Will Eisner, whose original art for “The Spirit” is encountered upon entering the MOCA exhibit, coined the term “Sequential Art” to better describe an expressive form that combines art, literature and the motion picture. From the very beginning Eisner knew that he was producing high art. His splash panel pages for “The Spirit” were graphic tour-de-force efforts of aesthetic self-consciousness.

This same reflexive self-awareness that one is producing lasting art with its own set of parameters is evident in the work of McCay, Herriman and Frank King. With individual works, they acknowledge the unique limitations and aesthetic possibilities for sequential visuals on the printed page. McCay, for example, with a “Sammy Sneeze” daily strip has his character sneeze so violently that the panel borders in the final frame collapse around him.

It is interesting to see the well selected art mounted on the walls at MOCA and how gallery patrons experience it. Complete stories are framed and the pages hung sequentially along a wall. Looking at the art is as much a reading experience as that of merely gazing at an object on the wall. Sequential art is a motion picture that evolves in physical space instead of time, whether it is on a page or a wall. In the museum, the “reader” must gradually move down the length of the wall to experience the narrative instead of turning pages in a book. It also demands more than the quick look that most museum visitors tend to give to most individual art objects.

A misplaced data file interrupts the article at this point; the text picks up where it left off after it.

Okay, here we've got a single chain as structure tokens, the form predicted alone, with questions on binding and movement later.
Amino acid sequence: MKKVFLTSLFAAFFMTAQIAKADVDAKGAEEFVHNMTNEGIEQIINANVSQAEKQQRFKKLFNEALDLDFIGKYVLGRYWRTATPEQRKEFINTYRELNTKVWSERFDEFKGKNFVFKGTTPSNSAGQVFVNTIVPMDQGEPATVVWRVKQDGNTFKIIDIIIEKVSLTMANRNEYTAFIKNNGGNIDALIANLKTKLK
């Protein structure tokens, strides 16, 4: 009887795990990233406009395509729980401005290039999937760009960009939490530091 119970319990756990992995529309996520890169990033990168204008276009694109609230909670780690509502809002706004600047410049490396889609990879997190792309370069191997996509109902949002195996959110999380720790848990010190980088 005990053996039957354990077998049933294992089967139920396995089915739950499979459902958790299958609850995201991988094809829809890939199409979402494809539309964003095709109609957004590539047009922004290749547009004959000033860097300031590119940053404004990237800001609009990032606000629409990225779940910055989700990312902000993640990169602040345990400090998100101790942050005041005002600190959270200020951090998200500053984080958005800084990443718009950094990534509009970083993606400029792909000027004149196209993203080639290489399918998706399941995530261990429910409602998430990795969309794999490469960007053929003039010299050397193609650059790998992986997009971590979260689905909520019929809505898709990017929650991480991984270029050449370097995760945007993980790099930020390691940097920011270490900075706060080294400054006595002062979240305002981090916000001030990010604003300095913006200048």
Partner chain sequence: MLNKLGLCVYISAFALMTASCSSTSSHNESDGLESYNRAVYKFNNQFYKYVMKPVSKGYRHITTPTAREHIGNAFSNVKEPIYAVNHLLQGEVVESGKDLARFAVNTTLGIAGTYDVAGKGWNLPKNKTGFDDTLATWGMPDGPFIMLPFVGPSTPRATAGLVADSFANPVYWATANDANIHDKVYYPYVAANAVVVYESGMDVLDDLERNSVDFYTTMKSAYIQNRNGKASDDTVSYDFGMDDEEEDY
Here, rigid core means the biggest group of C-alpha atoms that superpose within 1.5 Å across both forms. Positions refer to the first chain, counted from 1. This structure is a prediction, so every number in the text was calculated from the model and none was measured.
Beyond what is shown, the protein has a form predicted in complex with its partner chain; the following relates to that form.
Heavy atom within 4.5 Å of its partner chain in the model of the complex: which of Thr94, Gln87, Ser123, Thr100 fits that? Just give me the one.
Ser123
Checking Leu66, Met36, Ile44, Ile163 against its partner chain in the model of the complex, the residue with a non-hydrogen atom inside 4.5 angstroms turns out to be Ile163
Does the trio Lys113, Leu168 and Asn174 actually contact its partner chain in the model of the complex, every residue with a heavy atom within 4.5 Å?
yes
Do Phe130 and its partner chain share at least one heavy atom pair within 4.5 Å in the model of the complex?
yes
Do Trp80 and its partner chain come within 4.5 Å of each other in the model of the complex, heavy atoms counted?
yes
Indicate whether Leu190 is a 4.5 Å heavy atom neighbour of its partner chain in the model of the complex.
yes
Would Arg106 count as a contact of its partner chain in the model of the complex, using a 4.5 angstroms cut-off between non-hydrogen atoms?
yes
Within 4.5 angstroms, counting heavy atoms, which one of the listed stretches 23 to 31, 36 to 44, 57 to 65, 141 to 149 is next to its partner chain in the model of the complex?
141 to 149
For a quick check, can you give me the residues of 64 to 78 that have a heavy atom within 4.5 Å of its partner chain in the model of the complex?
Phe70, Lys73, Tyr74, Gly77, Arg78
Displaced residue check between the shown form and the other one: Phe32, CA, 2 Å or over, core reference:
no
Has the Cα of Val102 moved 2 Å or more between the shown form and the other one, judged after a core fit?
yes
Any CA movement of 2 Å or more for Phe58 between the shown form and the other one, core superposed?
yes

E.C Segar. “Thimble Theatre Starring
Popeye," October 11, 1936, news-
paper Sunday page (detail).

Will Eisner, "The Spirit
(Self Portrait)," May 3, 1942,
Newspaper splash page.

R. Crumb, "Despair,"
1970, Comic Book Cover.

Another more recent term for comics is “Graphic Narrative” and the contemporary market has changed so that comic books are now packaged as “Graphic Novels” in book form and sold in bookstores. In this setting they have an indefinite shelf life on the order of classic literature and are liberated from the historic stigma of the newsstand where individual issues were available for only thirty days as a “periodical.” A recent Time Magazine list of the 100 best works of fiction published since 1927 includes the graphic novel “The Watchmen” by Alan Moore and Dave Gibbons. That is a pretty serious indication of sequential art canonized by a journalistic guardian of the general culture.